The Salton Sea has attracted its share of rugged souls including Captain Charles E. Davis, a general all-around adventurer originally from Massachusetts who panned for gold in Alaska and survived the Great Galveston Flood of 1900 only to homestead on a dormant volcano within the Salton Sink that metamorphosed into an island pennisula after the Salton Sea was created in 1905-06. Undeterred, Davis began to build a cabin and by 1908, he had added a boat landing, cafe and dance hall. “Hell's Kitchen,” as it was locally known, became a flourishing and popular establishment under his management that prospered for nearly a quarter of a century. Today, all that remains of Hell's Kitchen are the building foundations and a few broken toilets.
A ruggedly handsome chap, Captain Davis gained a reputation as a perfect host; he sang old sea chanties and mining ballads at his piano, served hearty dinners and hosted dances on occasion. He also found time to dabble in local politics, worked as a game warden among other part-time occupations—all the while continuing to entertain the duck hunters, fishermen and others who visited his resort. Davis’ “alfalfa-fed mullet” was legendary with folks traveling miles away to purchase it.
At one point, as local legend has it, Davis imported a half dozen sea lions and released them into the sea near the island as a marketing scheme. The creatures proved unpopular with the local farmers; they blamed them for the disappearance of a few missing pigs demanding, in turn, that the creatures be destroyed. Without the farmers’ intervention the unfortunate sea lions did not survive long at the sea and died shortly thereafter. The introduction of the sea lions into the Salton Sea ecosystem is one of the more bizarre examples of its kind.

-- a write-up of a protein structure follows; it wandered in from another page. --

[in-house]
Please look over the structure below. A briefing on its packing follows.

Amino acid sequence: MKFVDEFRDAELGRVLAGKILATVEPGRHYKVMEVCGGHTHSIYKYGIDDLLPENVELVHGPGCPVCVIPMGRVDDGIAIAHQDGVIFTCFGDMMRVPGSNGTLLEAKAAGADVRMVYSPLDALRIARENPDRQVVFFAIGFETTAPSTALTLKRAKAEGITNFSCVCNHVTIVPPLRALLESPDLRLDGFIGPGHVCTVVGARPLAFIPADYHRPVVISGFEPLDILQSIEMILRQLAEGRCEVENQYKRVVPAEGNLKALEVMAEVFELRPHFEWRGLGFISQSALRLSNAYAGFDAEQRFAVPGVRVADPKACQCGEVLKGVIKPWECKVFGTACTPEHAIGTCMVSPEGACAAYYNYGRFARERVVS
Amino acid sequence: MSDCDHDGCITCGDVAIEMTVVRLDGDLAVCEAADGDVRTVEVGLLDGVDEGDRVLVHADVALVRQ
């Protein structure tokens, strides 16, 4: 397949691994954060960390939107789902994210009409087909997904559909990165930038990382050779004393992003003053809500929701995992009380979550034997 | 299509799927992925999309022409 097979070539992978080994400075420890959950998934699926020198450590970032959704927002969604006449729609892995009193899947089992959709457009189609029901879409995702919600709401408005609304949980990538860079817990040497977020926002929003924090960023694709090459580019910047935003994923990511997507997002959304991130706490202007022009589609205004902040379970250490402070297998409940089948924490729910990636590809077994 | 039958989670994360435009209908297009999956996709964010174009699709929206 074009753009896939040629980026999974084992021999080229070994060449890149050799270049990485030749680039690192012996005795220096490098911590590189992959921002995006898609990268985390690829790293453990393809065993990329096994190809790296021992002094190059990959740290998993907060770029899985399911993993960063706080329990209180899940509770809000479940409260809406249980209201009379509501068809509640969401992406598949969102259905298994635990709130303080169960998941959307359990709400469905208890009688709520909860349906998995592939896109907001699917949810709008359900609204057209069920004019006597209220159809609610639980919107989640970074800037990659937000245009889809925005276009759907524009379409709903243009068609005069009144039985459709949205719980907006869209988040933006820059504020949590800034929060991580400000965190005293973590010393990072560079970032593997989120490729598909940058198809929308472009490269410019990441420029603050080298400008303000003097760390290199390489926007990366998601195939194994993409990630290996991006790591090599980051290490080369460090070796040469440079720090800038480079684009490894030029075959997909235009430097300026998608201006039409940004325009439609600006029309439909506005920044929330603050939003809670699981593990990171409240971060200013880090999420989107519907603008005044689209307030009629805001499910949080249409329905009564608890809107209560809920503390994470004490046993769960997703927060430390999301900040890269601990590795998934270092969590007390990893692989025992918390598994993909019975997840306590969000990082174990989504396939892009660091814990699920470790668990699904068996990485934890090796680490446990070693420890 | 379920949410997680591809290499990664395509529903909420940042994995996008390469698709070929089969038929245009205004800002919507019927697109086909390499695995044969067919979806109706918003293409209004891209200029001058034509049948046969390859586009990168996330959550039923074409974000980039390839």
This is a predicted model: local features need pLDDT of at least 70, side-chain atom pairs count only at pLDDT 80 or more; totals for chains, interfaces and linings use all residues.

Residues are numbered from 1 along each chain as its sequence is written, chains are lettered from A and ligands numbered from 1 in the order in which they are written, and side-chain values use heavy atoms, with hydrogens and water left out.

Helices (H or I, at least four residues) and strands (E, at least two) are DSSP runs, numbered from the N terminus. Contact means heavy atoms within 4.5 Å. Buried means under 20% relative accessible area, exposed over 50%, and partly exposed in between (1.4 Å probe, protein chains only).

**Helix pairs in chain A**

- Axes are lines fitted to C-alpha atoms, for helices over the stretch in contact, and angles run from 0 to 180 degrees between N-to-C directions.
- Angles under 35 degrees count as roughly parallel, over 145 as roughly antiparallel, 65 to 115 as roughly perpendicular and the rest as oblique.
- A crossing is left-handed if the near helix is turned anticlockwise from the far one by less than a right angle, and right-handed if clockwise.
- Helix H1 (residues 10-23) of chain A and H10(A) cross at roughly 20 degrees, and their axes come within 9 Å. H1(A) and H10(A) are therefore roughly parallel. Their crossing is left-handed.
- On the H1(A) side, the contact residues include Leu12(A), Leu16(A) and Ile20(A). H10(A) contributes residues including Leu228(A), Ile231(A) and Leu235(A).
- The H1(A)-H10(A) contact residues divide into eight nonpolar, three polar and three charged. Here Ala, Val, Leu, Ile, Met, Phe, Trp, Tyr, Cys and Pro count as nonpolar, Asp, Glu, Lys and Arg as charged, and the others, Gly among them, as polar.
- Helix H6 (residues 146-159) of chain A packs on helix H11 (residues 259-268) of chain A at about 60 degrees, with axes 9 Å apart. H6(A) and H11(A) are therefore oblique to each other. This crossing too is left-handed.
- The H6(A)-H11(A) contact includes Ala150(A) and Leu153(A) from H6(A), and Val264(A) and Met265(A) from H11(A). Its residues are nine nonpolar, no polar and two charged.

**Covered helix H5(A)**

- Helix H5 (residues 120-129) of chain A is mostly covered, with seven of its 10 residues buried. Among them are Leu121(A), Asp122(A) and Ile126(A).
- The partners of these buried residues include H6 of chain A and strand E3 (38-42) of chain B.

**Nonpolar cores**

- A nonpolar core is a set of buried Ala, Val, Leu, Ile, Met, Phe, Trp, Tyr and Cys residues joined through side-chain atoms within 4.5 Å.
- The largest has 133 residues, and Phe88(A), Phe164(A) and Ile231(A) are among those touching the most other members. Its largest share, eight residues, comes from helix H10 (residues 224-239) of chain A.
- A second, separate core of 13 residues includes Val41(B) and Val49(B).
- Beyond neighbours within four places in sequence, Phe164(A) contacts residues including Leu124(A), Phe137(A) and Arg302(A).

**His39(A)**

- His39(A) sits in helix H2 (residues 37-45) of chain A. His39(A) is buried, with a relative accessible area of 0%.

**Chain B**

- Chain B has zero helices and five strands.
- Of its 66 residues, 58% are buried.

Another marketing endeavor of Davis’ involved the relocation of a large fishing barge from San Pedro to the sea. Davis intended to convert the barge into a showboat but it sank after being launched, effectively ending those plans. Some years later Davis became obsessed with the ill-fated Donner Party and began to paint primitive portrayals of the group with oil paints made from pigments gathered at the nearby onshore mudpots. Eventually this obsession led him to retrace the Donner Party's entire 2,000-mile trip from Independence, Missouri to Fort Sutter, California. During his journey, Davis collected artifacts, news clippings, maps with other ephemera that are supposedly still on display at the fort's museum.
Mullet Island was largely abandoned as a recreational development when the surface road connecting the peninsula to the mainland was flooded some years later beginning in 1948. Afterwards, birds, including double-crested cormorants, began to nest in significant numbers across the island. Today, as the sea’s shoreline recedes further—the result of a regional water transfer and natural forces, the island’s nesting cormorant, pelican and heron populations are increasingly made vulnerable to opportunist depredation from coyotes and raccoons. When the island is reunited with the mainland, birds and their young will be posed for attack from these predatory threats.
POI: Davis' Mudpots
The publicly accessible mudpots can be viewed at the intersection of Davis and Schrimpf Roads in Calipatria, CA 92233. Note that Mullet Island is only accessible by boat but can be viewed from this location.
Research for this section was gathered from Pat Laflin’s wonderful historical essay, “The Salton Sea: California’s overlooked treasure,” published in 1995 for The Periscope, a publication of the Coachella Valley Historical Society located in Indio, California.